Meet the Artists Who’ve Made the Glass for the Missouri Arts Awards

FEB arts council1

When the Missouri Arts Awards ceremony takes place in the Rotunda of the Missouri State Capitol the first Wednesday of every February, the honorees receive more than applause. As a tangible symbol of recognition for their contributions to the cultural and artistic climate of the state, an original work by a Missouri artist is given to the awardees for Arts Education, Arts Organization, Individual Artist, Leadership in the Arts, Philanthropy and, in the years that this special award is bestowed, Lifetime Achievement. (The Creative Community awardee receives permanent street signs denoting the honor.)

The Missouri Arts Council and the State of Missouri have been honoring our state’s arts heroes since 1983. During that time the “awards objects” have included artworks in wood, sculptural paper, clay, and glass.  A different artist is featured every year. Over the past decade, glass has become the customary medium.

Roman glass beaker, second half of the 4th century, Staatliches Antikensammlung, Munich – photo by Matthias Kabel
Roman glass beaker, second half of the 4th
century, Staatliches Antikensammlung,
Munich – photo by Matthias Kabel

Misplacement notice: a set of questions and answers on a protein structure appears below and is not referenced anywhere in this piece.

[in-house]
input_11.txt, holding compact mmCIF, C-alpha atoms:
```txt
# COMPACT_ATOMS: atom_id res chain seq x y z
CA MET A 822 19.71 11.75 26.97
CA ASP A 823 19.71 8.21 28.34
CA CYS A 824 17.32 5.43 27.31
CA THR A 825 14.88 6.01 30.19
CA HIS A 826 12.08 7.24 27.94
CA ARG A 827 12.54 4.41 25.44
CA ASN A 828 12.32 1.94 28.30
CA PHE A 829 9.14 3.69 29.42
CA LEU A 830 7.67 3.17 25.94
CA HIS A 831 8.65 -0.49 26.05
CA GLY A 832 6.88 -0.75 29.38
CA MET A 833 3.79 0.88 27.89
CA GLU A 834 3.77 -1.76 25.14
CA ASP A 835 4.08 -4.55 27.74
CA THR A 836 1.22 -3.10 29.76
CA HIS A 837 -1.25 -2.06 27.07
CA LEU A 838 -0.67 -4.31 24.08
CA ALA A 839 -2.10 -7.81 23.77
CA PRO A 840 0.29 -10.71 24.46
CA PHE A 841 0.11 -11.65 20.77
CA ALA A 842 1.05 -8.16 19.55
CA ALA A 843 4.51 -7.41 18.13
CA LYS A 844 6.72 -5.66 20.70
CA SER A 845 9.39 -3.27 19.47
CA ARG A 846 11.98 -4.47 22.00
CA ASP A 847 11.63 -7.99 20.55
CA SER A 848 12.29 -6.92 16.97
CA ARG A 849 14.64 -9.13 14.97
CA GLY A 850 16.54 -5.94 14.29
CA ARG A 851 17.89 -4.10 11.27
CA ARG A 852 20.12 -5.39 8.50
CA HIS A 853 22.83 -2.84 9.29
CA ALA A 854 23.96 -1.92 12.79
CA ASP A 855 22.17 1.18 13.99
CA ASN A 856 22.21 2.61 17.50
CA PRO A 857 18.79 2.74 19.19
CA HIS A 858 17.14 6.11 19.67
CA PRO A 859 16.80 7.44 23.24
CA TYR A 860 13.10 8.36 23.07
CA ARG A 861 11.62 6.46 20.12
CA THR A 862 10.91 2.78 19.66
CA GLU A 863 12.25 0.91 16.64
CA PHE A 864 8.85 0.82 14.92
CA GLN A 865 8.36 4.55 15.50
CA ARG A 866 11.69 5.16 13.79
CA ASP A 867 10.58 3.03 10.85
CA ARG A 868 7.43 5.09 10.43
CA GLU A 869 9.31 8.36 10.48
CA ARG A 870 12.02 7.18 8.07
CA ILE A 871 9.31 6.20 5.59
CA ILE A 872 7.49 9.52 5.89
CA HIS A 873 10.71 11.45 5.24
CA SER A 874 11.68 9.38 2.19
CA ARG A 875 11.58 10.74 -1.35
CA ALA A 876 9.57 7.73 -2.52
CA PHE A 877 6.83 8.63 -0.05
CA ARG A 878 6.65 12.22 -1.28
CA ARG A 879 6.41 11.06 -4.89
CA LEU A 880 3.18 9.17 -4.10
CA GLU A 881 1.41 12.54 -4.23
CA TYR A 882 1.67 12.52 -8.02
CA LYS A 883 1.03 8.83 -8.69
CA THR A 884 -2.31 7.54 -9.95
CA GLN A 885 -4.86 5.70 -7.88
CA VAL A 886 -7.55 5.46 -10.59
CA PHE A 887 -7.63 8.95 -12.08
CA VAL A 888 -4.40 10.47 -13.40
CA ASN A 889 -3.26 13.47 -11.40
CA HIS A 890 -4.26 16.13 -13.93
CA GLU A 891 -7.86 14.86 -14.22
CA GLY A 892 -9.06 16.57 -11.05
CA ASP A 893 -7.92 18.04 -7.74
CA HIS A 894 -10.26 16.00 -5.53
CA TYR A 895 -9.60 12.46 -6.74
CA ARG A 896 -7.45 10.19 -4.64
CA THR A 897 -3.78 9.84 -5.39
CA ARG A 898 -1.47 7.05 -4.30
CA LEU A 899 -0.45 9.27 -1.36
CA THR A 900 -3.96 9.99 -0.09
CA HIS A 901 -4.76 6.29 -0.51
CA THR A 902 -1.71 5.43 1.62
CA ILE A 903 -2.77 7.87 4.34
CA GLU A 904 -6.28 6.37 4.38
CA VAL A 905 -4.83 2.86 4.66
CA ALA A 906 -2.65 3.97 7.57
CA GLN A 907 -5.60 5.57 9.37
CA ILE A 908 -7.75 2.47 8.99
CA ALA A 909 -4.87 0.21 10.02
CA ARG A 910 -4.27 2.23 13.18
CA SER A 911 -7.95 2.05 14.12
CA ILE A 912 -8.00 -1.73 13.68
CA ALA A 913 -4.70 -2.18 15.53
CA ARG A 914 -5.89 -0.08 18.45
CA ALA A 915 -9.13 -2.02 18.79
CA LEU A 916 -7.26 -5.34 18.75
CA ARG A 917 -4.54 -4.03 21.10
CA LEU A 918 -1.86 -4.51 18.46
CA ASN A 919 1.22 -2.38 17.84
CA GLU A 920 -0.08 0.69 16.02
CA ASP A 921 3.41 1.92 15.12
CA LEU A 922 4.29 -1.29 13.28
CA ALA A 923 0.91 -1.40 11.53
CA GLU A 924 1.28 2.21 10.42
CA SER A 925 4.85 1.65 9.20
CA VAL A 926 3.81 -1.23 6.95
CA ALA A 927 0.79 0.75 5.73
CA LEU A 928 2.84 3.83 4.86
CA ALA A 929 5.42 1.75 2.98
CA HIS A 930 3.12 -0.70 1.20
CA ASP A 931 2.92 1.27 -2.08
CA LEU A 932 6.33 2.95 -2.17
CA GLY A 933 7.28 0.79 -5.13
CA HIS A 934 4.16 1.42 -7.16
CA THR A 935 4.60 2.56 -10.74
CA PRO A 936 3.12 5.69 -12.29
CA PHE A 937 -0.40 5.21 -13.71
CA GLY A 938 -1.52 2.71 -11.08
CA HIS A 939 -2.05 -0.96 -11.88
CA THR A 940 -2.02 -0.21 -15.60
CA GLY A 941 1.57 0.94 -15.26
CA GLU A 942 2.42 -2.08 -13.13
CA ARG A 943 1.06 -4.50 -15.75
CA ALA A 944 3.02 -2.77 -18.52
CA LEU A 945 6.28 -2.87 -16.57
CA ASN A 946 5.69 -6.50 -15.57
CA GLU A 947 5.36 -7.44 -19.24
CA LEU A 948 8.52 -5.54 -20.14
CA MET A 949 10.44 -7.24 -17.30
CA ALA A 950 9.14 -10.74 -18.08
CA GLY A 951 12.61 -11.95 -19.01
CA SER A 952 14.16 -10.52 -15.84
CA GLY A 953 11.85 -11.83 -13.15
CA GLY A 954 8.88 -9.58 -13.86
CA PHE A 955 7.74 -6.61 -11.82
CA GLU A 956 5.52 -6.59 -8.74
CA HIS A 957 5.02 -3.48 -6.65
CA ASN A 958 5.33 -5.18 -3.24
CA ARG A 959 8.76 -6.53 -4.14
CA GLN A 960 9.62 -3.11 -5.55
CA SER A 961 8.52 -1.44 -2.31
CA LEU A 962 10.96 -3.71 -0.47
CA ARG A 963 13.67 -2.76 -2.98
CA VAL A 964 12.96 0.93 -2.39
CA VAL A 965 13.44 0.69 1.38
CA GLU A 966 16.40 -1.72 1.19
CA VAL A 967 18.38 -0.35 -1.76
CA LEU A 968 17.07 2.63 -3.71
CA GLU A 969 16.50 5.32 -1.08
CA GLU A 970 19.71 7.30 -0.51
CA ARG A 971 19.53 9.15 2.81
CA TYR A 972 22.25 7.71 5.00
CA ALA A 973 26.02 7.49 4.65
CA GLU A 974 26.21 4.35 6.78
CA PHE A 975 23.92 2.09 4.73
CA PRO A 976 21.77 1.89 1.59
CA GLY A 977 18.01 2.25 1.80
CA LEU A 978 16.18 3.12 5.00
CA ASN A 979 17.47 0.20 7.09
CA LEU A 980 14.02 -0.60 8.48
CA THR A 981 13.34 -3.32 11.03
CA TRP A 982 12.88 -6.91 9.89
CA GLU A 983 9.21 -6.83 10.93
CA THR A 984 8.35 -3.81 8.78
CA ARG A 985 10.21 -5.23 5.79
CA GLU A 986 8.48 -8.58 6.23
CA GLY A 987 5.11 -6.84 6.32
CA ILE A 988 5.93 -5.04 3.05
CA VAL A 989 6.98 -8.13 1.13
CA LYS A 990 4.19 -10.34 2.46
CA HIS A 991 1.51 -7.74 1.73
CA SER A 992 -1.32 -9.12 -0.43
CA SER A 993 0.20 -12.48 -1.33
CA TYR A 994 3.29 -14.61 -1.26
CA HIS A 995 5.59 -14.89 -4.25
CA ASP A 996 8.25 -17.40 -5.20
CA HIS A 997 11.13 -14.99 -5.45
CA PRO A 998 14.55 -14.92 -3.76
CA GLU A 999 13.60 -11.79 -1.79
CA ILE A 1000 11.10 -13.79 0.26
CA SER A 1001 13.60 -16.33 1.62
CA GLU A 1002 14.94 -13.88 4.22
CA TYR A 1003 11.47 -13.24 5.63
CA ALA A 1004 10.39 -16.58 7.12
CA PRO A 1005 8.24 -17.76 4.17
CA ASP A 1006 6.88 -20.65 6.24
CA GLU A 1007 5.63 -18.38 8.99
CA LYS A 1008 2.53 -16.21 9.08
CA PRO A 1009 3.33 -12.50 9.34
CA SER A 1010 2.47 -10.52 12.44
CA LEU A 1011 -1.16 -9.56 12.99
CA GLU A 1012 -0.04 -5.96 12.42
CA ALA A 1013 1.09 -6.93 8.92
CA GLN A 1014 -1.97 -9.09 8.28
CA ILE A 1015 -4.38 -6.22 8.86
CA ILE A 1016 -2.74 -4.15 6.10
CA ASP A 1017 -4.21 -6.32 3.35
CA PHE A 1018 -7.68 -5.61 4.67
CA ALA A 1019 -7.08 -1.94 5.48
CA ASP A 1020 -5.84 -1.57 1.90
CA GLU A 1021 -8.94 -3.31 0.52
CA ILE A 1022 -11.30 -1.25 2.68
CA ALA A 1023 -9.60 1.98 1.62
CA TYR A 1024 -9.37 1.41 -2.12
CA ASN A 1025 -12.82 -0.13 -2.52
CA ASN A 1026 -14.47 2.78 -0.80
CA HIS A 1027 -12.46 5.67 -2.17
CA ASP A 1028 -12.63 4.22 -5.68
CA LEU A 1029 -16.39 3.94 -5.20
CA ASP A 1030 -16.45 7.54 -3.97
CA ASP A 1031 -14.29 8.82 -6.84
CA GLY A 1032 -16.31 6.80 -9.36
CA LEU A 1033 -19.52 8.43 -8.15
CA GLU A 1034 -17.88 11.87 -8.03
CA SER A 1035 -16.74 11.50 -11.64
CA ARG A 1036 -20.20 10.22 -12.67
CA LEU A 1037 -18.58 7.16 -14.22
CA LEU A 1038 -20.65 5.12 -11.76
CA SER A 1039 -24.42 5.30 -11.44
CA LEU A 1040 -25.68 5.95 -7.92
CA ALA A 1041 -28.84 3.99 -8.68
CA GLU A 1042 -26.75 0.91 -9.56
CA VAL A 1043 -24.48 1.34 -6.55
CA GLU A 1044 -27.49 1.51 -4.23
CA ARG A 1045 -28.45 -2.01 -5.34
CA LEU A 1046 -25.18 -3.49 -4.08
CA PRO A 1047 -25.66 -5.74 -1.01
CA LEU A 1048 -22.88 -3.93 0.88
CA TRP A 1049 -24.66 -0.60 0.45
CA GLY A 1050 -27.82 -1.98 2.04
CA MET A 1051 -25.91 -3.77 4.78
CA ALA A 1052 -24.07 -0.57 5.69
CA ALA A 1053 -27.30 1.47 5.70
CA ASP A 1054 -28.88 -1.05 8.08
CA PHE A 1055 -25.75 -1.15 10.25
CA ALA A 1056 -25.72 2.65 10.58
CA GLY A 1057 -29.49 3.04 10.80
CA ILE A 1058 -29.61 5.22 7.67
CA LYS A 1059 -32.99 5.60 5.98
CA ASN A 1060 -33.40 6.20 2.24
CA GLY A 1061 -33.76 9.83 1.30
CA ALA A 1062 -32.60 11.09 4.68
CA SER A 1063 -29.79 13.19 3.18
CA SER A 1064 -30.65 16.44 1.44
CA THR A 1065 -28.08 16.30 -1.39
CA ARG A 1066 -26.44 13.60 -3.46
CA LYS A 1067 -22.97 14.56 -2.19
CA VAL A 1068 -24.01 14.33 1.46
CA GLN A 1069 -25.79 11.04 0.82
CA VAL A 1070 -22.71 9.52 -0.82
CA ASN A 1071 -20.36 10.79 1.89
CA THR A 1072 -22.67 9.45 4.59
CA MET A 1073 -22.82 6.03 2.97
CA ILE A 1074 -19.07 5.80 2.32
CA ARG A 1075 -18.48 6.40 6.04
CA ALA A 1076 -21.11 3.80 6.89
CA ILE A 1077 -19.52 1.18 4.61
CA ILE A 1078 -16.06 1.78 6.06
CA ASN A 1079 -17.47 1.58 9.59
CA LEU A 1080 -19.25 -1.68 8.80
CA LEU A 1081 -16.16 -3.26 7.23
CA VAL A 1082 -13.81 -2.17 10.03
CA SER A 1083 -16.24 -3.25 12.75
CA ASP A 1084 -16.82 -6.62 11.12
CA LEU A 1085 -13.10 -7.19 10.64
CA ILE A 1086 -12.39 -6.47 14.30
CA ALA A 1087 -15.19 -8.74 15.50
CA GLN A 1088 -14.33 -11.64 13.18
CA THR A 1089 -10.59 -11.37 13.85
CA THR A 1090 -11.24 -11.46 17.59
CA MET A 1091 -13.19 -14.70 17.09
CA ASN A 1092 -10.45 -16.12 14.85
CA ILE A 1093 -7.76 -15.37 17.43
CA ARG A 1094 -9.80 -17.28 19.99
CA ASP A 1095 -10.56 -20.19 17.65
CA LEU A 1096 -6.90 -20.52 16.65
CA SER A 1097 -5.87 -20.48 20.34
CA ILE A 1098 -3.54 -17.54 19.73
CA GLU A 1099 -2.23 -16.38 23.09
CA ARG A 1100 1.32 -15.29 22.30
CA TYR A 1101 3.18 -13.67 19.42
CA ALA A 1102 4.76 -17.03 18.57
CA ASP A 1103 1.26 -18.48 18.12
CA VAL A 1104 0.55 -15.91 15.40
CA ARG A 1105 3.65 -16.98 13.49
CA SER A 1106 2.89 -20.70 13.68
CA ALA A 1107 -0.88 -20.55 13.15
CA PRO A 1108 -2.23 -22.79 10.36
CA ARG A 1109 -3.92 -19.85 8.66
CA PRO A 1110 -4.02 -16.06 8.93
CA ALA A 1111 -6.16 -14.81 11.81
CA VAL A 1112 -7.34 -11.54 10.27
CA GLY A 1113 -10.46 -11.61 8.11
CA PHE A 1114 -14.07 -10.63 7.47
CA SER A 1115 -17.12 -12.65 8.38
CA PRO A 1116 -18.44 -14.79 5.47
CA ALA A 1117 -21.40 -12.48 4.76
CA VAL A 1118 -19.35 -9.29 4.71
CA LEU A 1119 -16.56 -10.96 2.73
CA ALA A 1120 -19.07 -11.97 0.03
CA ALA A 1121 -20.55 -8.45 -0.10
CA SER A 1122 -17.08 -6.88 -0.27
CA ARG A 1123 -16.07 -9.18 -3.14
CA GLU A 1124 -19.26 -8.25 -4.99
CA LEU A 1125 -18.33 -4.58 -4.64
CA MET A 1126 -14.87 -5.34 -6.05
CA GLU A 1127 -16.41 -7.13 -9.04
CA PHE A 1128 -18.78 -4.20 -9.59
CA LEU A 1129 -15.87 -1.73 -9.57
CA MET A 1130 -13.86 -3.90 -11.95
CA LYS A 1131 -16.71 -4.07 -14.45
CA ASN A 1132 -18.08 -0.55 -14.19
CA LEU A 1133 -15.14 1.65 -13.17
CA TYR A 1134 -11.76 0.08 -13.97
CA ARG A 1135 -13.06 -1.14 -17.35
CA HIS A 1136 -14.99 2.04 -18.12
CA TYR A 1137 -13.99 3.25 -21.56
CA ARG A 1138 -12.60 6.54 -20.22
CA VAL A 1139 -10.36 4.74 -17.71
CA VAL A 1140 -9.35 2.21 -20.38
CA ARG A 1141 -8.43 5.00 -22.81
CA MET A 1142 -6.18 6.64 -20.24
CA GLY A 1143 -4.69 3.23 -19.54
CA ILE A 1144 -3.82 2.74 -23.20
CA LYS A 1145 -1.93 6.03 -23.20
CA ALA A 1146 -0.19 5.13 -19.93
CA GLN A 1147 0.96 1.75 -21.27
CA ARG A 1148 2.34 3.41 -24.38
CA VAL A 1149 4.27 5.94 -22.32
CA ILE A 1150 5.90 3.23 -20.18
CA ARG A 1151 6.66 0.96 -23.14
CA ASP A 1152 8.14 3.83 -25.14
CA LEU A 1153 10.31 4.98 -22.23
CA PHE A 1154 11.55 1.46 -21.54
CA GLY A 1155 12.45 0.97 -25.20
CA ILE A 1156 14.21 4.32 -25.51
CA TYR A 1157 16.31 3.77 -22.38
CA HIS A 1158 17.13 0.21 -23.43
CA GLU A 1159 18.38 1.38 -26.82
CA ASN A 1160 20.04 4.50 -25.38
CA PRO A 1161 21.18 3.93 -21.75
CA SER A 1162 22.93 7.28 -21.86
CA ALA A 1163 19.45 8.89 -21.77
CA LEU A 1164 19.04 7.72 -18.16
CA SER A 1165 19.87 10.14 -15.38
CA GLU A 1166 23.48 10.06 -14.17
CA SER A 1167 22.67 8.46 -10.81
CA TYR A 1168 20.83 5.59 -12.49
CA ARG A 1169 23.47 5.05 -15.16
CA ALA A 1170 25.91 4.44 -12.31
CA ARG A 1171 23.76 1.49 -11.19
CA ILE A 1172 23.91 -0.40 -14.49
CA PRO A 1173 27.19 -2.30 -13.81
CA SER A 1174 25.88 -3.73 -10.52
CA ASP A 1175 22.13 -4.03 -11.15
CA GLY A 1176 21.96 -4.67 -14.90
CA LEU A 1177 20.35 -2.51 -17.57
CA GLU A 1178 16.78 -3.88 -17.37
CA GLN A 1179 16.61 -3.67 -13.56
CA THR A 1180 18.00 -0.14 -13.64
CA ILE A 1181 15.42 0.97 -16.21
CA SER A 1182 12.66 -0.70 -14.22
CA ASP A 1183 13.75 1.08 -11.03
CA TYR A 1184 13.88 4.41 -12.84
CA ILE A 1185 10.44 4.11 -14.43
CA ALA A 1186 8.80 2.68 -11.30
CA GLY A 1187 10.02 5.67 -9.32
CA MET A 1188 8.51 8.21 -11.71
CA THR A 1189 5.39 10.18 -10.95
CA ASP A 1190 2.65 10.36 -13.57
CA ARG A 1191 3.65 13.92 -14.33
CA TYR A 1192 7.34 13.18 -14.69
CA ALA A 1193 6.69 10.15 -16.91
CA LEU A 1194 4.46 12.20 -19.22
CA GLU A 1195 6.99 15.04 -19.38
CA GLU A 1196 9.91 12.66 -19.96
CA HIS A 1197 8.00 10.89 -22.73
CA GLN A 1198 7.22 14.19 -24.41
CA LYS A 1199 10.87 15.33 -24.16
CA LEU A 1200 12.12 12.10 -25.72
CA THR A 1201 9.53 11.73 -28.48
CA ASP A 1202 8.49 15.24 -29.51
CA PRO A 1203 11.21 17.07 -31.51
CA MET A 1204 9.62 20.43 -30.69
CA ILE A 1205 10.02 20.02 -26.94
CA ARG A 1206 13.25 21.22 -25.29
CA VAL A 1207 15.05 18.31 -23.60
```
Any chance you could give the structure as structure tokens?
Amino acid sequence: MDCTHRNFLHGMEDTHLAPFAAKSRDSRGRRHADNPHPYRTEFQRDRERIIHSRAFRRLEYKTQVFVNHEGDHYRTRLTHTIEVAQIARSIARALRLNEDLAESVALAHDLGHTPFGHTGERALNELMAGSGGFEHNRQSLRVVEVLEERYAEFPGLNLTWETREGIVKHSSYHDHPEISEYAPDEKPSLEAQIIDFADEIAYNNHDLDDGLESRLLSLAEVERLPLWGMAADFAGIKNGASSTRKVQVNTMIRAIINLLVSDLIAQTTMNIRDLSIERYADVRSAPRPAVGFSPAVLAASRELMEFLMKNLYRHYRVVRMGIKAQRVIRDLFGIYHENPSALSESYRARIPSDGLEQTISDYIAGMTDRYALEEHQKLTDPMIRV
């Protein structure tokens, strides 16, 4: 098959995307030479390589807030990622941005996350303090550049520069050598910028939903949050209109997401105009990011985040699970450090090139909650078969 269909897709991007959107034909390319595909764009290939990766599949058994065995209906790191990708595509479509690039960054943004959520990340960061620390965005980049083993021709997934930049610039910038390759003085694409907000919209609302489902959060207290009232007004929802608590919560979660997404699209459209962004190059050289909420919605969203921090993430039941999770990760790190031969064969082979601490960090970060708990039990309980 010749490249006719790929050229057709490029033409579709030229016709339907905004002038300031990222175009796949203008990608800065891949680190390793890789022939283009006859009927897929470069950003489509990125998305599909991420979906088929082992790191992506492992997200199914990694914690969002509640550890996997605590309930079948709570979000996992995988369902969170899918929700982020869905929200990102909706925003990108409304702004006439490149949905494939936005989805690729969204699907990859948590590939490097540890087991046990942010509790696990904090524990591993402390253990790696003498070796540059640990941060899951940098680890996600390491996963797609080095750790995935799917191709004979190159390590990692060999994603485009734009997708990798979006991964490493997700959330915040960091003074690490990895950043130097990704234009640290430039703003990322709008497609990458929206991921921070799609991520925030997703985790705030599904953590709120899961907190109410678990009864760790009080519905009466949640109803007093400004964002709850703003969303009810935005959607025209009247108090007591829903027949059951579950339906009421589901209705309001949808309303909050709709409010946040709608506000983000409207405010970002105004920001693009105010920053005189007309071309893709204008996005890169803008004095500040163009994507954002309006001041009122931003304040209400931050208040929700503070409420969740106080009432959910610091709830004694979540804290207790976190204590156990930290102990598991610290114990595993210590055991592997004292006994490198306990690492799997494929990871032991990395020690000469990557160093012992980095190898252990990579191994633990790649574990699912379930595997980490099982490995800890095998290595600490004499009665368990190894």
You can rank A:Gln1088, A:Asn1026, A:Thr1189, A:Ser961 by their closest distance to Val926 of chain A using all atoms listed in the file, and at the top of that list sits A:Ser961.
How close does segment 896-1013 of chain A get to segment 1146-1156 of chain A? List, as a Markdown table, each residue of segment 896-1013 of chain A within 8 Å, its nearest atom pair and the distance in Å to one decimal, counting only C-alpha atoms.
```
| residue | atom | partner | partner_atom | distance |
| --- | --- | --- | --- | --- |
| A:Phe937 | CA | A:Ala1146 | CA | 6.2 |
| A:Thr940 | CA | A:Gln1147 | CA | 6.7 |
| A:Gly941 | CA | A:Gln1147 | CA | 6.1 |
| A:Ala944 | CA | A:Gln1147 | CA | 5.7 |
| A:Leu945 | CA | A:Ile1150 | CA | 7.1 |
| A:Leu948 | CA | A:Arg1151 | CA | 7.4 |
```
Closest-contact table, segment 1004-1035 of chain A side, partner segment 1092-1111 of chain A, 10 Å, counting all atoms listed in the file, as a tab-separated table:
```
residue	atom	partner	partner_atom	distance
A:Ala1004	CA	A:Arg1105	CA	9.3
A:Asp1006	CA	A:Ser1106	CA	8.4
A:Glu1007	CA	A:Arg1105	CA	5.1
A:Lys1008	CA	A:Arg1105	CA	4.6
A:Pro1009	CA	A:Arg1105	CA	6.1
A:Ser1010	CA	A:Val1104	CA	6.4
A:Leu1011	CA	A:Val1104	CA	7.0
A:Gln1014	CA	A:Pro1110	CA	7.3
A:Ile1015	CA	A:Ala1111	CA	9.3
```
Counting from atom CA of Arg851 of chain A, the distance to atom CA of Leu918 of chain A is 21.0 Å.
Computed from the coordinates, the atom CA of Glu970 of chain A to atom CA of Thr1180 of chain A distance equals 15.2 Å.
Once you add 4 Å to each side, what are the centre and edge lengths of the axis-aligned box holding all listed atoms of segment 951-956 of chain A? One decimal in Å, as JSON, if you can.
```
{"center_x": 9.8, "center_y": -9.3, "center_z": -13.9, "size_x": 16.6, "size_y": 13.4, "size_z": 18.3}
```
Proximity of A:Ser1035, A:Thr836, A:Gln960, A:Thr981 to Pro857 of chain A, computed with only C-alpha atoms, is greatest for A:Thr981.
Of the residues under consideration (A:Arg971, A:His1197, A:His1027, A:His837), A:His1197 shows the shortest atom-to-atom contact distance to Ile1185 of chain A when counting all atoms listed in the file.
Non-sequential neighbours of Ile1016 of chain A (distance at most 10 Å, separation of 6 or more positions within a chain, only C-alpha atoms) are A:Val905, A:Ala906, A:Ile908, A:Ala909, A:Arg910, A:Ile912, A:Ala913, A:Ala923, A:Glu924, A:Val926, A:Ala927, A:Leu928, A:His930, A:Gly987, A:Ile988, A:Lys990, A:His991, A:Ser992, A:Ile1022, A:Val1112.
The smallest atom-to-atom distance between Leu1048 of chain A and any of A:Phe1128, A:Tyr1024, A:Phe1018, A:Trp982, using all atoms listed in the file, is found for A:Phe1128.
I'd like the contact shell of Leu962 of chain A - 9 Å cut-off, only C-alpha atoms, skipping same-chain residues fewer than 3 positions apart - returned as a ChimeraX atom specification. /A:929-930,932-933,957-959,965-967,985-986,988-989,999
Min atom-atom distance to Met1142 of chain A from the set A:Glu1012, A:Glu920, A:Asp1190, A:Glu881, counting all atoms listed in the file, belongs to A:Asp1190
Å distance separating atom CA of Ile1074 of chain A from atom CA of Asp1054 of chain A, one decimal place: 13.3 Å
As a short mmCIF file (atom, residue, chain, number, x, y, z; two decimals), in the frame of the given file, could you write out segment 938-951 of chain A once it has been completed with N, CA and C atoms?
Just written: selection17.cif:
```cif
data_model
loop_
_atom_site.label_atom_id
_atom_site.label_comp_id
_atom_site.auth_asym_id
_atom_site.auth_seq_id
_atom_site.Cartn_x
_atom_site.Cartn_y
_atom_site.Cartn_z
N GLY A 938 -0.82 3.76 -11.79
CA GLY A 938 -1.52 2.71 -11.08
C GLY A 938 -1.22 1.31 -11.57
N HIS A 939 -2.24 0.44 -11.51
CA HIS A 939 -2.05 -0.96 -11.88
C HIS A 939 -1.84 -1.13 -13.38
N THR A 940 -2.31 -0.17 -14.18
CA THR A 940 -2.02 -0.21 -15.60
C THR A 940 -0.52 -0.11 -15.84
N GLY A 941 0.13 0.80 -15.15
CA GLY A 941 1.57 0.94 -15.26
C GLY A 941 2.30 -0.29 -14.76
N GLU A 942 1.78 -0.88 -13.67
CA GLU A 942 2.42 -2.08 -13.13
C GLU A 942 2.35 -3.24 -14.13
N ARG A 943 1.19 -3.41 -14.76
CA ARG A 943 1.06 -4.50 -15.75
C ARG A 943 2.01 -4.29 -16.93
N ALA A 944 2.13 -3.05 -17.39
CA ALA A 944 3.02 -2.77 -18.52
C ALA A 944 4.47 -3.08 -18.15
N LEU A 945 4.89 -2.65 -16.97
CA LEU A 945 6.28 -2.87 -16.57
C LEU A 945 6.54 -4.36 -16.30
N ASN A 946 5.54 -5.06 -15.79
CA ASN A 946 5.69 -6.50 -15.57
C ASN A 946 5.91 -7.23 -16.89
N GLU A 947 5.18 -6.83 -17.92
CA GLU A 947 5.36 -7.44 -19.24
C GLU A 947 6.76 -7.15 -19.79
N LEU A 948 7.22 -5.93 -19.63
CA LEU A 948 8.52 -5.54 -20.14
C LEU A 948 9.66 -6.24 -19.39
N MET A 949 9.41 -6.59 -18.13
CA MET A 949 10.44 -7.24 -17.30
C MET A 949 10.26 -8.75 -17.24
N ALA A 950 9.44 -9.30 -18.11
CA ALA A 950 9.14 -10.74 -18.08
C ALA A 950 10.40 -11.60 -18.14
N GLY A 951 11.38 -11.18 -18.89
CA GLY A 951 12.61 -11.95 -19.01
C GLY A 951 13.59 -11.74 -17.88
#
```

The Missouri artists who make the glass artworks for the honorees join a line of artists that stretches back thousands of years. Archaeologists have found glass beads in what was ancient Mesopotamia. In the Nile Delta, evidence was unearthed in 2005 of a commercial glassworks dating to 1250 B.C. The ancient recipe still holds: sand, soda, lime, and heat. The soda, chemically an alkali, lowers the temperature at which the fine-textured silica sand will melt; the lime prevents water from passing through. The honey-thick liquid can be poured into a mold, fused into a flat shape and then slumped into or draped over a mold, or gathered at the end of a hollow tube through which air is blown while the tube is turned. In the technique called lampworking or flameworking, solid glass is re-melted with a torch and reshaped. Over the centuries many tweaks have been made, such as using different alkalis and adding chemicals and minerals to get colors or change the properties of the finished glass.  The growing knowledge of the science involved has expanded artists’ options.

As the 2014 Missouri Arts Awards ceremony approaches this February 5, we’ve talked with the 10 Missourians who have crafted the translucent vessels, plates, and sculptures that have marked our state’s


Written by Barbara MacRobie with the Missouri Arts Council. 

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